]. Another review did not recommend cranberry products for the prophylaxis of UTIs due to heterogeneity in study design and results, and a lack of consensus regarding both dosage regime and formulations. Interactions may be a problem in patients with polypharmacy, especially for concentrated cranberry products [22
]. In addition, intolerance to cranberries probably represents a problem in the elderly and high withdrawal rates are reported in several studies [16
]. In contrast to this, the withdrawal rates due to adverse reactions were the same comparing 500 mg cranberry extract with 100 mg trimethoprim in one study and with trimethoprim-sulfamethoxazole in another study. These studies included community dwelling women, age 45-93 years and 18 years to menopause respectively, and the relevance for nursing home residents is unclear [23
Vaginal estrogens have been shown to decrease UTIs while systemic estrogens do not appear to have the same effect [13
]. In our study only 31% (25 of 81) of the estrogens prescribed as UTI prophylaxis were for vaginal administration. This is troublesome because systemic estrogens have been associated with increased risk of cardiovascular disease, venous thromboembolic events and breast cancer [25
]. Current Norwegian guidelines recommend vaginal estrogens to women with recurrent UTIs [3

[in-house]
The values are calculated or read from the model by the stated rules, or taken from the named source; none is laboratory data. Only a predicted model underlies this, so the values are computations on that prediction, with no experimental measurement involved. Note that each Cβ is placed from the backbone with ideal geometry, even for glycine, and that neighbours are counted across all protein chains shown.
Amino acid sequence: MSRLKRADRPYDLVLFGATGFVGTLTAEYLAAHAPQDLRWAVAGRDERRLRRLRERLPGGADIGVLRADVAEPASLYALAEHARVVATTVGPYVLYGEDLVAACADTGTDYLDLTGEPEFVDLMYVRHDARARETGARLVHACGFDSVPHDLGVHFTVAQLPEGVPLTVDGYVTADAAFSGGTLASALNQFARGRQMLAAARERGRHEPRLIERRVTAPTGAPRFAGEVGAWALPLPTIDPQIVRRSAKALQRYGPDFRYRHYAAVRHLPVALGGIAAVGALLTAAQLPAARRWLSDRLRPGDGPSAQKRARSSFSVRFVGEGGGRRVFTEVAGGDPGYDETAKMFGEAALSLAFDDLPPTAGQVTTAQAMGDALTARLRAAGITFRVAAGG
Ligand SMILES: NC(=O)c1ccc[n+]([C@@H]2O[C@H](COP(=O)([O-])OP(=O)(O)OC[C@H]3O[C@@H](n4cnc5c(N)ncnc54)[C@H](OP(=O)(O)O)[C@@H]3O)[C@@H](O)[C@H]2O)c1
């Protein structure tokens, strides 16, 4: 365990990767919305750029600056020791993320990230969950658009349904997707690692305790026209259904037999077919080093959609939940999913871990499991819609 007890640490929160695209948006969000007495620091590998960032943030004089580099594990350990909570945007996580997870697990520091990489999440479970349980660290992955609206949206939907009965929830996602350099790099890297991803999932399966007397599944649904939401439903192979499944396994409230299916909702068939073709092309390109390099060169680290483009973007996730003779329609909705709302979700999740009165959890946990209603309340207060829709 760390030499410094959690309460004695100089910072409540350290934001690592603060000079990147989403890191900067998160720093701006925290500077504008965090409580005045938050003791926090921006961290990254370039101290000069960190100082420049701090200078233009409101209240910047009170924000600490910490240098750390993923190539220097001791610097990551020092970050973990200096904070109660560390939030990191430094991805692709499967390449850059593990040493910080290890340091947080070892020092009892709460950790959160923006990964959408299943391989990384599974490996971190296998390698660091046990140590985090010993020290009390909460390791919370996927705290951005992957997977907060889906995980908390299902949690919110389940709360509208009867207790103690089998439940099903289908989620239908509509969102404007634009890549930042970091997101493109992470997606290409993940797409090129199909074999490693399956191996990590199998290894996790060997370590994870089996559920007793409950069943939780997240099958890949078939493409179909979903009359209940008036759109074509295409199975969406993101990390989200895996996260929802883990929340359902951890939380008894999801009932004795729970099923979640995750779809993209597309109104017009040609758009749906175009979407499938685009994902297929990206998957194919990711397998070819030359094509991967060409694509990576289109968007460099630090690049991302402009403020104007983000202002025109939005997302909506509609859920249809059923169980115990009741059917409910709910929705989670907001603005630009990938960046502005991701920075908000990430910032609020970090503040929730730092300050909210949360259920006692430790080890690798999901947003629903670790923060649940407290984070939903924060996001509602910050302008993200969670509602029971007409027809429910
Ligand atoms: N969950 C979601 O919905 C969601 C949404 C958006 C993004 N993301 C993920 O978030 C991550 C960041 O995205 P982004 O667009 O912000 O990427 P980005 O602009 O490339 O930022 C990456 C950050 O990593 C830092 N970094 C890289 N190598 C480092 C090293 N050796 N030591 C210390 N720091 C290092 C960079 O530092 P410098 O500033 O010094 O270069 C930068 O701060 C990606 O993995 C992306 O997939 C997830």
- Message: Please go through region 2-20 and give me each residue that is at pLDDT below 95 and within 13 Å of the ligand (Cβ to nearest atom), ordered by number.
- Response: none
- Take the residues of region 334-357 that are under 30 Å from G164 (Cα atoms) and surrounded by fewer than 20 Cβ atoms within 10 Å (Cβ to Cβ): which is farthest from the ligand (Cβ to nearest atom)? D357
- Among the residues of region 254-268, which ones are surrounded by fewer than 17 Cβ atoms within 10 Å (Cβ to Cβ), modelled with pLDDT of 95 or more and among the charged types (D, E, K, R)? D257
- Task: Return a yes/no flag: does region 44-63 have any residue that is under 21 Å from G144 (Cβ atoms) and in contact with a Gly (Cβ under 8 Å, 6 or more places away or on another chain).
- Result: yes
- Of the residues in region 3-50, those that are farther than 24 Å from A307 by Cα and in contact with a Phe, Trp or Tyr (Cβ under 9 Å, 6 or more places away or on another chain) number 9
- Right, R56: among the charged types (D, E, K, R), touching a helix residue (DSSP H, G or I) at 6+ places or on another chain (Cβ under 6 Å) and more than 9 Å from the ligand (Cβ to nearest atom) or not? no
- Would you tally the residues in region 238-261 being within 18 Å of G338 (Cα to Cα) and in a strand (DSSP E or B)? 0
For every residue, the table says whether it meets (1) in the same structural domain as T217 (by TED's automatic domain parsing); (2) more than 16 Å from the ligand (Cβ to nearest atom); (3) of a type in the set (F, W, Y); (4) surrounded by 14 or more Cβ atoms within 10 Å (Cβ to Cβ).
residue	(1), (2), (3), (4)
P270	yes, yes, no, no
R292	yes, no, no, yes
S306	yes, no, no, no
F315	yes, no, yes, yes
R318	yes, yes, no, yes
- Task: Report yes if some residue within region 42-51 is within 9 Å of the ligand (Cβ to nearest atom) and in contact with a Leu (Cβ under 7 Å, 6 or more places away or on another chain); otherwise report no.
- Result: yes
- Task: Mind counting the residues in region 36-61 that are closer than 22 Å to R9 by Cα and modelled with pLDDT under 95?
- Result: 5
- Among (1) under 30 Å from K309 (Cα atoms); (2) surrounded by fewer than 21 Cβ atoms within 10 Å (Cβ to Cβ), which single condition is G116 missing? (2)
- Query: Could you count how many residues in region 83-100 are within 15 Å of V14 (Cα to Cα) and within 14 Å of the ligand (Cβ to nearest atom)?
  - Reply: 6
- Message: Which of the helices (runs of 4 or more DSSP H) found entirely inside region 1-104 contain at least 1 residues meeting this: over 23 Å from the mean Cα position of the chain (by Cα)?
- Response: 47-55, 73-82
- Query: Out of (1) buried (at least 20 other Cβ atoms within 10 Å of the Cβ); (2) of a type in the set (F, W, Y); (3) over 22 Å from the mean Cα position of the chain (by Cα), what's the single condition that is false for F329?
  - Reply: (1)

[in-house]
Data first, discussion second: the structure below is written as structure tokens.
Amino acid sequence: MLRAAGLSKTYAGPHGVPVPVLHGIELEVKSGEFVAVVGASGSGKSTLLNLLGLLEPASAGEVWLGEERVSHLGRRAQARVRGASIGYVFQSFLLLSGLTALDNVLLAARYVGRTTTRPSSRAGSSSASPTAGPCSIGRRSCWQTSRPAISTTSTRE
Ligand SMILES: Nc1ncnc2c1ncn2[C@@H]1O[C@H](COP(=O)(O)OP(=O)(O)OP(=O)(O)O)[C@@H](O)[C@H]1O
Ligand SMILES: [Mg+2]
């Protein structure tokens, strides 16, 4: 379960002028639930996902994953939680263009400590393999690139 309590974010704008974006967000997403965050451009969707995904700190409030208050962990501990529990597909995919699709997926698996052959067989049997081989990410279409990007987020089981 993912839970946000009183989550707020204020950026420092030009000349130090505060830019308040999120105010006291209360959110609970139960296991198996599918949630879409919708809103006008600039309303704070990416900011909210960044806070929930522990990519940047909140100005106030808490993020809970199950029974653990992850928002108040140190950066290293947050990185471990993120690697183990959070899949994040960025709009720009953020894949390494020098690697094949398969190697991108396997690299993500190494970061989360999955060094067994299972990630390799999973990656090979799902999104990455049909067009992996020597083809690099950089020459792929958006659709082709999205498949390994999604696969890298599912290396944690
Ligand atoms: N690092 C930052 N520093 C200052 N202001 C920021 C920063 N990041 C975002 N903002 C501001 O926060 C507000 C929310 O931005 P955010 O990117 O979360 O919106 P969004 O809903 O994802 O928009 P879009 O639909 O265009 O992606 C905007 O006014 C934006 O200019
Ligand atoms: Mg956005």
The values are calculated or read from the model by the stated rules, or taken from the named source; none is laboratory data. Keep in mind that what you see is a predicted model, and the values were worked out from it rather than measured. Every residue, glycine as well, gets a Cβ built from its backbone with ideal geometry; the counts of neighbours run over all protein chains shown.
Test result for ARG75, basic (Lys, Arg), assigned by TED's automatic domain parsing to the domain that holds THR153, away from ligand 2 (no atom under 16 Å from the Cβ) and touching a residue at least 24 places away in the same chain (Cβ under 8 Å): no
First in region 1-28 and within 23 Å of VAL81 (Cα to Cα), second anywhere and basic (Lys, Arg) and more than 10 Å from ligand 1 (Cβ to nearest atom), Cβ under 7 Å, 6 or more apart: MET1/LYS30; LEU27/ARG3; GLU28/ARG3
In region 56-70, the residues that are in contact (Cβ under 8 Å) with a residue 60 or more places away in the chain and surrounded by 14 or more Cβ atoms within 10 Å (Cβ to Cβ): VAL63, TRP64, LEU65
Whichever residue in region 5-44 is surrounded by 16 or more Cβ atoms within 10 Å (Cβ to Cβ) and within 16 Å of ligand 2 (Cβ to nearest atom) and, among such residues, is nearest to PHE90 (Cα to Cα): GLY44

Trimethoprim and nitrofurantoin were the two antibiotics prescribed for prevention and used only by few of the nursing home patients. Long-term antibiotics are well documented to reduce the rate of UTIs but may be complicated by bacterial resistance and adverse drug reactions (ADRs) [11
]. The prevalence of trimethoprim resistance in Escherichia coli
isolates in Norway was 19% in 2007, being the drug with the highest prevalence of resistance in urinary tract isolates [9
]. Nitrofurantoin was only resistant in 2.3% of the isolates [9
]. However, nitrofurantoin should be used with caution in patients with renal impairment as reduced renal clearance increase the risk of ADRs and sufficient concentration in the urine depends on renal function. In addition, long term use of nitrofurantoin is associated with lung fibrosis and peripheral neuropathy [3
]. As glomerular filtration rate decline by age, nursing home patients are at risk of a negative risk/benefit balance for the use of nitrofurantoin [27